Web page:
This study was undertaken to define the changes in plasma levels of atrial natriuretic peptide (ANP) induced by hypertonic saline infusion followed by spontaneous water drinking and to determine whether these changes in ANP are correlated with changes in right atrial pressure (RAP) and plasma levels of vasopressin (AVP). Conscious dogs (n = 5) were infused with hypertonic saline (6%) at a rate of 1.4 ml/min for 4 h. Water was withheld for the first 2 h and administered ad libitum for the final 2 h. Hypertonic saline infusion induced increases (P < 0.05) in plasma osmolality (posM), pAVP, mean arterial pressure (MAP), and RAP (1.9 ± 0.6 to 3.1 ± 0.7 mmHg). These changes were accompanied by an increase of pANP (68 ± 14 to 120 ± 33 pg/ml, P < 0.05). Spontaneous water drinking (1,410 ± 127 ml) returned posM and pAVP to control levels and produced a further and significant increment in RAP (150%) and pANP (100%). During the water-drinking phase MAP was not further altered, and hematocrit decreased by 11.1% (P < 0.05). A positive linear correlation (P < 0.001) was found between increases in RAP and pANP. The administration of an AVP vasopressor antagonist in a similar protocol, and before hypertonic saline infusion, inhibited the increase of MAP, but it did not alter the changes of posM, hematocrit, RAP, nor pANP. These results suggest that changes in the release of ANP during increases in posM and after spontaneous water drinking are predominantly controlled by changes in RAP. However, our results do not support any major influence of the AVP pressor effect on plasma levels of ANP during changes in posM.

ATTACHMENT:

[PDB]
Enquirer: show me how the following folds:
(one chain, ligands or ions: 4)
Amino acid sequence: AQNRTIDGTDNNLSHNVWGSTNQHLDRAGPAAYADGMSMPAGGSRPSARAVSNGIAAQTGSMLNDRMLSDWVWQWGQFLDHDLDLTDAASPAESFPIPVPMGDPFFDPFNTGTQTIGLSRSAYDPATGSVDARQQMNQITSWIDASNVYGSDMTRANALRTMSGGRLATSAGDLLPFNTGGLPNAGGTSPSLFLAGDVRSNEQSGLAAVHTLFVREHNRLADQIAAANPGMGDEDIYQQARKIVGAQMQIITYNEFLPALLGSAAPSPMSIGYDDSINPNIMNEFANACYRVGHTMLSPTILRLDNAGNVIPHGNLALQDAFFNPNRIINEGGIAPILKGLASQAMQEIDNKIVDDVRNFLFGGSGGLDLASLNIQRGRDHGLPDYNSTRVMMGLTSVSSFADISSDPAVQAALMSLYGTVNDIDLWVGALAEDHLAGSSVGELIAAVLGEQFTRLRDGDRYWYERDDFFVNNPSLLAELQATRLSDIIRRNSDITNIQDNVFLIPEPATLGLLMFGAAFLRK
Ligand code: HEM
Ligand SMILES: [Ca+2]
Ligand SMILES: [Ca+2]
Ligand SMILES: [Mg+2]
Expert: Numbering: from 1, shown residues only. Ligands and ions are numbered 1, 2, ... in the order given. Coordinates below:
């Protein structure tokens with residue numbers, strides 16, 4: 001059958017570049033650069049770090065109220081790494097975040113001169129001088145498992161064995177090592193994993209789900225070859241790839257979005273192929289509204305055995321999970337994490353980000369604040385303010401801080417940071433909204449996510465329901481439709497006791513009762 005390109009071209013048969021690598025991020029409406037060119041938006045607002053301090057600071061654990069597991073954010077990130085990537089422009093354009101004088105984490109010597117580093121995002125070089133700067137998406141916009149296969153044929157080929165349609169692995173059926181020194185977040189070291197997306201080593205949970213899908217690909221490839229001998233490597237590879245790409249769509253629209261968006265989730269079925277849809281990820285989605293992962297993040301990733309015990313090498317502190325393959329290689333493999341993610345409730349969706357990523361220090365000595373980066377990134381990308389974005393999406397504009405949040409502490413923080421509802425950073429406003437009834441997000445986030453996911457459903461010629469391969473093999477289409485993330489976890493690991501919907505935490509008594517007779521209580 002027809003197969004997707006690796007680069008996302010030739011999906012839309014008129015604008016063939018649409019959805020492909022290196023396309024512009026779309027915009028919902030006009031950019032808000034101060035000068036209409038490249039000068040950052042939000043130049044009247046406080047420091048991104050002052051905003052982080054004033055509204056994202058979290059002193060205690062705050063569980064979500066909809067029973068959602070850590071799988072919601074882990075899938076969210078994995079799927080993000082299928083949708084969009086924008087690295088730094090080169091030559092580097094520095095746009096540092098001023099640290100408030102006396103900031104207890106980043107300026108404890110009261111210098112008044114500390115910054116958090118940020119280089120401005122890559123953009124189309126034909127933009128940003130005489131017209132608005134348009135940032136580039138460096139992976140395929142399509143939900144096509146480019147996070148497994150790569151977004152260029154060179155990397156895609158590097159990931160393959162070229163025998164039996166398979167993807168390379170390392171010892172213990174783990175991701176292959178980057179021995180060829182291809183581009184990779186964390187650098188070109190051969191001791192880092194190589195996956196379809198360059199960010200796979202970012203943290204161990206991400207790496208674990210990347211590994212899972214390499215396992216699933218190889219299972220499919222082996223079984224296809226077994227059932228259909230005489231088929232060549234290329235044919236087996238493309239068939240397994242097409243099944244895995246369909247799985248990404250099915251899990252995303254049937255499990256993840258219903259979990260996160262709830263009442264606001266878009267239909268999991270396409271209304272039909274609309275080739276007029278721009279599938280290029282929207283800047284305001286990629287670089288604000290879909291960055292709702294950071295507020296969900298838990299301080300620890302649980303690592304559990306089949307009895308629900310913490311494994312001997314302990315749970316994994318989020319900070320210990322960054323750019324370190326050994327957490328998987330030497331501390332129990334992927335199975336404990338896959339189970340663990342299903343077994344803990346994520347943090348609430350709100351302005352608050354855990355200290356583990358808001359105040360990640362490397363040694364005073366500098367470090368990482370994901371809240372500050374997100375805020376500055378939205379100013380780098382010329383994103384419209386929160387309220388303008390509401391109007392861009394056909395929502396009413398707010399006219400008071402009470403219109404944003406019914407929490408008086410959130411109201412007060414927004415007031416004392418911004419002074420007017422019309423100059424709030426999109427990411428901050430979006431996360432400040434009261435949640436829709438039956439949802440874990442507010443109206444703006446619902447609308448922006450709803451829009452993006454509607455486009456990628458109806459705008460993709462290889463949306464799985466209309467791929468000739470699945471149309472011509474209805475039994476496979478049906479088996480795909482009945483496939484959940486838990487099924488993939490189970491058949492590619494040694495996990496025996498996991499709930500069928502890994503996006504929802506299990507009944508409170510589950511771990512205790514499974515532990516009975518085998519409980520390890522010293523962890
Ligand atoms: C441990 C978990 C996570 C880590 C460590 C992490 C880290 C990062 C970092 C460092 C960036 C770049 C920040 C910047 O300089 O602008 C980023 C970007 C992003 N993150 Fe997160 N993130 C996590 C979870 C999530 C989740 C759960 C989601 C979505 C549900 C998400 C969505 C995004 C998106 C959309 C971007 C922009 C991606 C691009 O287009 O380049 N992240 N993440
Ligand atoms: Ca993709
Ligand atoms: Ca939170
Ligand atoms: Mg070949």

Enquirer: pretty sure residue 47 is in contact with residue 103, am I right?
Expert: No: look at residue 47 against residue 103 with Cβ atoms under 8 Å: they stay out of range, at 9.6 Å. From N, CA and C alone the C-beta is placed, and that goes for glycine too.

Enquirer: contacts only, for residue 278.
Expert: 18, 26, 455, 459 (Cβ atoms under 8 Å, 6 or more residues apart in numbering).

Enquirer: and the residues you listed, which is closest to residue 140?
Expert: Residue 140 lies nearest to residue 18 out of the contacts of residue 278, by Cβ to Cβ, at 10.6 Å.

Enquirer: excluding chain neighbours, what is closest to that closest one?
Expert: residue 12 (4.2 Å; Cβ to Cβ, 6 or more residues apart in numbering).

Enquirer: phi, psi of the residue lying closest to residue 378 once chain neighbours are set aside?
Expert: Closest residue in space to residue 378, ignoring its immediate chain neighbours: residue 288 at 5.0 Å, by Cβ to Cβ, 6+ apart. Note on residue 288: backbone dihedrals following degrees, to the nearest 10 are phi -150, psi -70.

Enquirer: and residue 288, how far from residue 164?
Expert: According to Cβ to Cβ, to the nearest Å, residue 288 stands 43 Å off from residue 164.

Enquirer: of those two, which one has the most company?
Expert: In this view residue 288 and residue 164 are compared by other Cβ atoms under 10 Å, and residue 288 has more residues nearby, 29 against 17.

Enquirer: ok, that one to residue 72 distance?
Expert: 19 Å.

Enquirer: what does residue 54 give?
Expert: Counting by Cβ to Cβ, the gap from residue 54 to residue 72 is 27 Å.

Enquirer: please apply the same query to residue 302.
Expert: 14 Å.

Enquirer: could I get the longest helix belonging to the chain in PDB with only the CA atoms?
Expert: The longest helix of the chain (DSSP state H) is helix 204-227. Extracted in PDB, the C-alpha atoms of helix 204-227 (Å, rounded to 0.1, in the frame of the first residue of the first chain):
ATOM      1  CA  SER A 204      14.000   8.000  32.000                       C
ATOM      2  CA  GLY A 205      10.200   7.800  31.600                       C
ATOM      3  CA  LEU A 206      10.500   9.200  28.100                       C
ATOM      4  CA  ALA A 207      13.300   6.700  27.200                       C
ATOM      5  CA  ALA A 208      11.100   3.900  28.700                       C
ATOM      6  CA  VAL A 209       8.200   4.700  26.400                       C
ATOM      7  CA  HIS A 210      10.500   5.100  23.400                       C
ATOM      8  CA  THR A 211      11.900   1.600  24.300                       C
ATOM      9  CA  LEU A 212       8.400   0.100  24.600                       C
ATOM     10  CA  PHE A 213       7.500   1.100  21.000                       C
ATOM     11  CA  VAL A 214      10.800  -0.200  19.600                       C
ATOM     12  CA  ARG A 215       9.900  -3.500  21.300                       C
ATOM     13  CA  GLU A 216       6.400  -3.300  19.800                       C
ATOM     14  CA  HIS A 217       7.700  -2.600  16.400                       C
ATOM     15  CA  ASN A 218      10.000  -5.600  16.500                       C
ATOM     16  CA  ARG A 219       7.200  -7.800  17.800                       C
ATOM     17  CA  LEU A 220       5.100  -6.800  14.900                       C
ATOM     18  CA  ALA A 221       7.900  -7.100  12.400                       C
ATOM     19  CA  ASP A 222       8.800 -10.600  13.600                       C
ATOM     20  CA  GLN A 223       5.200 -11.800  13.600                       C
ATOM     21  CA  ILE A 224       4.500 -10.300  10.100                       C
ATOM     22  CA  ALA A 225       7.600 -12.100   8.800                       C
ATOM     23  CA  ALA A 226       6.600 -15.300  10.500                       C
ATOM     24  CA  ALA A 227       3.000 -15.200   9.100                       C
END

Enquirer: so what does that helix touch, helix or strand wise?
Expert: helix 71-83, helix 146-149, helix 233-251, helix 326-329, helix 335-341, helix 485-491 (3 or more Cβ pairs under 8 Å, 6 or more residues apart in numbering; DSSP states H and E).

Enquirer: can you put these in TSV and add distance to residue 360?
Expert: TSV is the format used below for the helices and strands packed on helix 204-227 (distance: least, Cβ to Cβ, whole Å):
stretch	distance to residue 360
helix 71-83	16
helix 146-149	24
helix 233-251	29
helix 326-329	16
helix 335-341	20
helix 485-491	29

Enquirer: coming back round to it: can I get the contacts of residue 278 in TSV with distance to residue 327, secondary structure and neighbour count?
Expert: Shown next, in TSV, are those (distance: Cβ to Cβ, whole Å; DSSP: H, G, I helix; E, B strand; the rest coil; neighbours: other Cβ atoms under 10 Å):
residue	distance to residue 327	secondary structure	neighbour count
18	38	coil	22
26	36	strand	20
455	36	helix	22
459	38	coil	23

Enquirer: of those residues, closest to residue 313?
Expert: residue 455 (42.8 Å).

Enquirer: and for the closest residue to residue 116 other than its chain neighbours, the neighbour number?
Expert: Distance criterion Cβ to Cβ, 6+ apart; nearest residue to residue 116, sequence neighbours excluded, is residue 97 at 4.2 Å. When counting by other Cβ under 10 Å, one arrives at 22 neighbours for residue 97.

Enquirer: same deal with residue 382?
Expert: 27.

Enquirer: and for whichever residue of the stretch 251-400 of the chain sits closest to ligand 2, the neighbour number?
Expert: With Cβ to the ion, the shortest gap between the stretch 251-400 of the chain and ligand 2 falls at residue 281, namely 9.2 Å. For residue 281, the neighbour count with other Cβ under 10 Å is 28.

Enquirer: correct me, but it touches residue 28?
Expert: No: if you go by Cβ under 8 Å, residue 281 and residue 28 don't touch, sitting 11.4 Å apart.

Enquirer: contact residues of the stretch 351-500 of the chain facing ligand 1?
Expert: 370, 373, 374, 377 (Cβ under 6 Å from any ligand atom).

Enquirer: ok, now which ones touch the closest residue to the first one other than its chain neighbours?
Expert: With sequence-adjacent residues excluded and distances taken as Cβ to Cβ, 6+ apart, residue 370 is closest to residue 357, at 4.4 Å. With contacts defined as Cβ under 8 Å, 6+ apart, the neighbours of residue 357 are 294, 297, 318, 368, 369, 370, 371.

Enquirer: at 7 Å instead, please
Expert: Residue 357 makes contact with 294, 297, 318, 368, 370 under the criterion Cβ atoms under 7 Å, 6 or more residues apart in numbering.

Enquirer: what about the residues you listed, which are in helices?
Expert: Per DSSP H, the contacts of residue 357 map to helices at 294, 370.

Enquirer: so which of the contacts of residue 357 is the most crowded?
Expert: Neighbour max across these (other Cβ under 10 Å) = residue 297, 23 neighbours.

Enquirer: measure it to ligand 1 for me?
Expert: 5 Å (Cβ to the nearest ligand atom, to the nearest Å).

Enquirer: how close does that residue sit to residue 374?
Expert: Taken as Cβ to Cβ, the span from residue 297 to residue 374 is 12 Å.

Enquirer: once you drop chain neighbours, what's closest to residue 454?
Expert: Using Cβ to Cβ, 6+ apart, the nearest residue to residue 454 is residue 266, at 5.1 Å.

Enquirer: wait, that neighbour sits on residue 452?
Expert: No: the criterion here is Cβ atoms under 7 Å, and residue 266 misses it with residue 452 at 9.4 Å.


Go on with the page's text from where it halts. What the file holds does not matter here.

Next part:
|Original language||English (US)|
|Journal||American Journal of Physiology - Regulatory Integrative and Comparative Physiology|
|Issue number||6 (20/6)|
|State||Published - 1986|
ASJC Scopus subject areas
- Physiology (medical)